From Discipline Survival Guide for the Secondary Teacher...
There are countless ways to wake up and shake up your students. Prepared teachers take the time in advance of the lesson to prevent their students from being bored in class. They combine various techniques and try all sorts of bold new approaches to get their students engaged in a lesson. Don’t be afraid to try as many as it takes to get your students in the fast lane to success when their attention begins to lag.
Although there are dozens of approaches to take, the following list includes some that are designed to meet the needs of just about every teacher. Mix and match and use these to experiment with the best ways to keep your students on task.
1.Put a humorous drawing on the board or on the overhead or give your students chalk and have them draw a sketch on the board of some of the facts of the lesson. You could also ask the right-handers to use their left hands and vice versa. Asking blindfolded students to draw some of the facts from the lesson also helps focus their attention.
2. Stage a confrontation. Have another adult come in and fake a high-stress situation that relates to the material the class is preparing to study.
3.Use Christmas tree lights or other colored bulbs to spotlight a part of the lesson.
4. Hold up a box and ask students to guess what’s in it. Items can relate to the unit being studied.
5. Do you speak French? Pig Latin? Try speaking in another language for a sentence or two.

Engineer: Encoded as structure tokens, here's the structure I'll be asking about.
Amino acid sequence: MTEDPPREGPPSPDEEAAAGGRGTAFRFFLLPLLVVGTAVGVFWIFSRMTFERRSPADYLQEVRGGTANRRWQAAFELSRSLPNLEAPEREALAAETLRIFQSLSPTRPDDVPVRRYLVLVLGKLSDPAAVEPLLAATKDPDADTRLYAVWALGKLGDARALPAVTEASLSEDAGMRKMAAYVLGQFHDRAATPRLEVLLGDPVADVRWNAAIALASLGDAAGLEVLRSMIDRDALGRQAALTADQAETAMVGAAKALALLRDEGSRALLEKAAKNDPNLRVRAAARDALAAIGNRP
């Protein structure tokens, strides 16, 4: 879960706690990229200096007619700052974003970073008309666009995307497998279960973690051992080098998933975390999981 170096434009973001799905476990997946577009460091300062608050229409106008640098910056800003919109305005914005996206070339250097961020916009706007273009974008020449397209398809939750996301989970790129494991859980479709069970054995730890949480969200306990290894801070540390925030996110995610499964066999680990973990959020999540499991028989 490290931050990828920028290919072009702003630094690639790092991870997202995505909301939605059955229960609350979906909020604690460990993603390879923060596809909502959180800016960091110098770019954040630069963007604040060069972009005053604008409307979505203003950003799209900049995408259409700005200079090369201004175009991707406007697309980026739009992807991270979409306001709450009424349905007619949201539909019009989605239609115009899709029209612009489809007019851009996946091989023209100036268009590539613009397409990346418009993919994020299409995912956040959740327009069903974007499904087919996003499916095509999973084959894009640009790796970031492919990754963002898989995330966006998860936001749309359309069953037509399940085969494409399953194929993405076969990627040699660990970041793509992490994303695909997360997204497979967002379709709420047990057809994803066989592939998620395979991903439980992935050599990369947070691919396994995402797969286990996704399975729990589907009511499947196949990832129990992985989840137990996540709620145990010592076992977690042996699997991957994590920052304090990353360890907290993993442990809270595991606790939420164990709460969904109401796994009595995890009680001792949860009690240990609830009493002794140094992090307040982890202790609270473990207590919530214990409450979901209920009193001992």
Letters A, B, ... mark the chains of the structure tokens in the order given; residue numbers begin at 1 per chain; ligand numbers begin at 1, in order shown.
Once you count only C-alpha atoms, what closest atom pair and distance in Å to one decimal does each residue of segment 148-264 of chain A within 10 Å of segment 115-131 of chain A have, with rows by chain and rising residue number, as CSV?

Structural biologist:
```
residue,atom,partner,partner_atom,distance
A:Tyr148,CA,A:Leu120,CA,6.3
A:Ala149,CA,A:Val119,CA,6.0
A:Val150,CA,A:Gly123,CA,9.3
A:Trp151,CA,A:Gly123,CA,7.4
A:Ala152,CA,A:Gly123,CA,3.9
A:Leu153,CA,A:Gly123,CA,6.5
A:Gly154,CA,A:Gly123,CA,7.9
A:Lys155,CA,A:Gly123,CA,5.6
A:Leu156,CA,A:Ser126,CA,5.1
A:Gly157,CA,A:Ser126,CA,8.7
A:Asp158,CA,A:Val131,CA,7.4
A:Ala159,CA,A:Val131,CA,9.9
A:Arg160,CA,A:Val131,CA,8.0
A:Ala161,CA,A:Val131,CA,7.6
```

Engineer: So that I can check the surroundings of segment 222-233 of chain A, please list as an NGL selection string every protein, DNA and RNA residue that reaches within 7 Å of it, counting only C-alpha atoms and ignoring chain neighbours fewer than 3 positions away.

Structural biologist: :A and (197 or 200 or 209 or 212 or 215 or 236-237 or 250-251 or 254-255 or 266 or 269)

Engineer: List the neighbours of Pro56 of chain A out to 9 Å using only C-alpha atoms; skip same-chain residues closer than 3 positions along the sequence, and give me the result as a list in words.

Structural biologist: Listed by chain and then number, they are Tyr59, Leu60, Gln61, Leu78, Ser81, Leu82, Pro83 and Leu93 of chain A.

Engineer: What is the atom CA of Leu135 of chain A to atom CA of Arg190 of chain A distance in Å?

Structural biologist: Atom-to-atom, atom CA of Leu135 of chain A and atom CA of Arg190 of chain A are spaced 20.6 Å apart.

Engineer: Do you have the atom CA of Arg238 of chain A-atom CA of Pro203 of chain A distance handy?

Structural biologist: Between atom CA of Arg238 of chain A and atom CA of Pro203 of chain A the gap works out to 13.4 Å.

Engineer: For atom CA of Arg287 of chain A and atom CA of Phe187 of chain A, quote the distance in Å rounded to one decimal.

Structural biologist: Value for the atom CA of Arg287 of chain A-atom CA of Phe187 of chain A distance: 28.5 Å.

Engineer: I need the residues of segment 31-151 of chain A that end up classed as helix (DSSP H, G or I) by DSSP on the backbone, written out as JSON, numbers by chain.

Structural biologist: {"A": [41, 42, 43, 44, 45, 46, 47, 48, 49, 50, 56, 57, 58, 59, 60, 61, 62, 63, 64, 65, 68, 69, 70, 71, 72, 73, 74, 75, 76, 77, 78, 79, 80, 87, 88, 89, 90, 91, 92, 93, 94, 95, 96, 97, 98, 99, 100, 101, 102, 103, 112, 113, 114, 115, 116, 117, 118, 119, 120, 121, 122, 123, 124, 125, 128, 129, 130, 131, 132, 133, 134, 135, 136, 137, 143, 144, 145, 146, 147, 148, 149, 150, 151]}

6. Write on the board three quotations that don’t seem to be related to one another and ask not just how they are related to each other, but to the day’s lesson as well.
7. Use music. Play raucous music or ask your students to identify sounds from a tape. Play bits and pieces of songs for students to put together to make sense of the lesson for the day. You can even sing to your students or have them sing to you.
8. Show a film montage.
9. Move the desks around or ask students to trade places with each other.
10. Hand out blindfolds and have your students put them on. Give them objects from the lesson for them to identify without peeking.
11. Hold a visualization session where your students imagine themselves as successful people, or on a deserted island.
12. Wear a costume to class or have your students wear costumes. Even simple accessories such as ties or hats can spice up a lesson.
13. Hand pupils a notice as they come in that says, “Today will be a silent communication day. No pupil is allowed to speak. All communication must be done through writing.”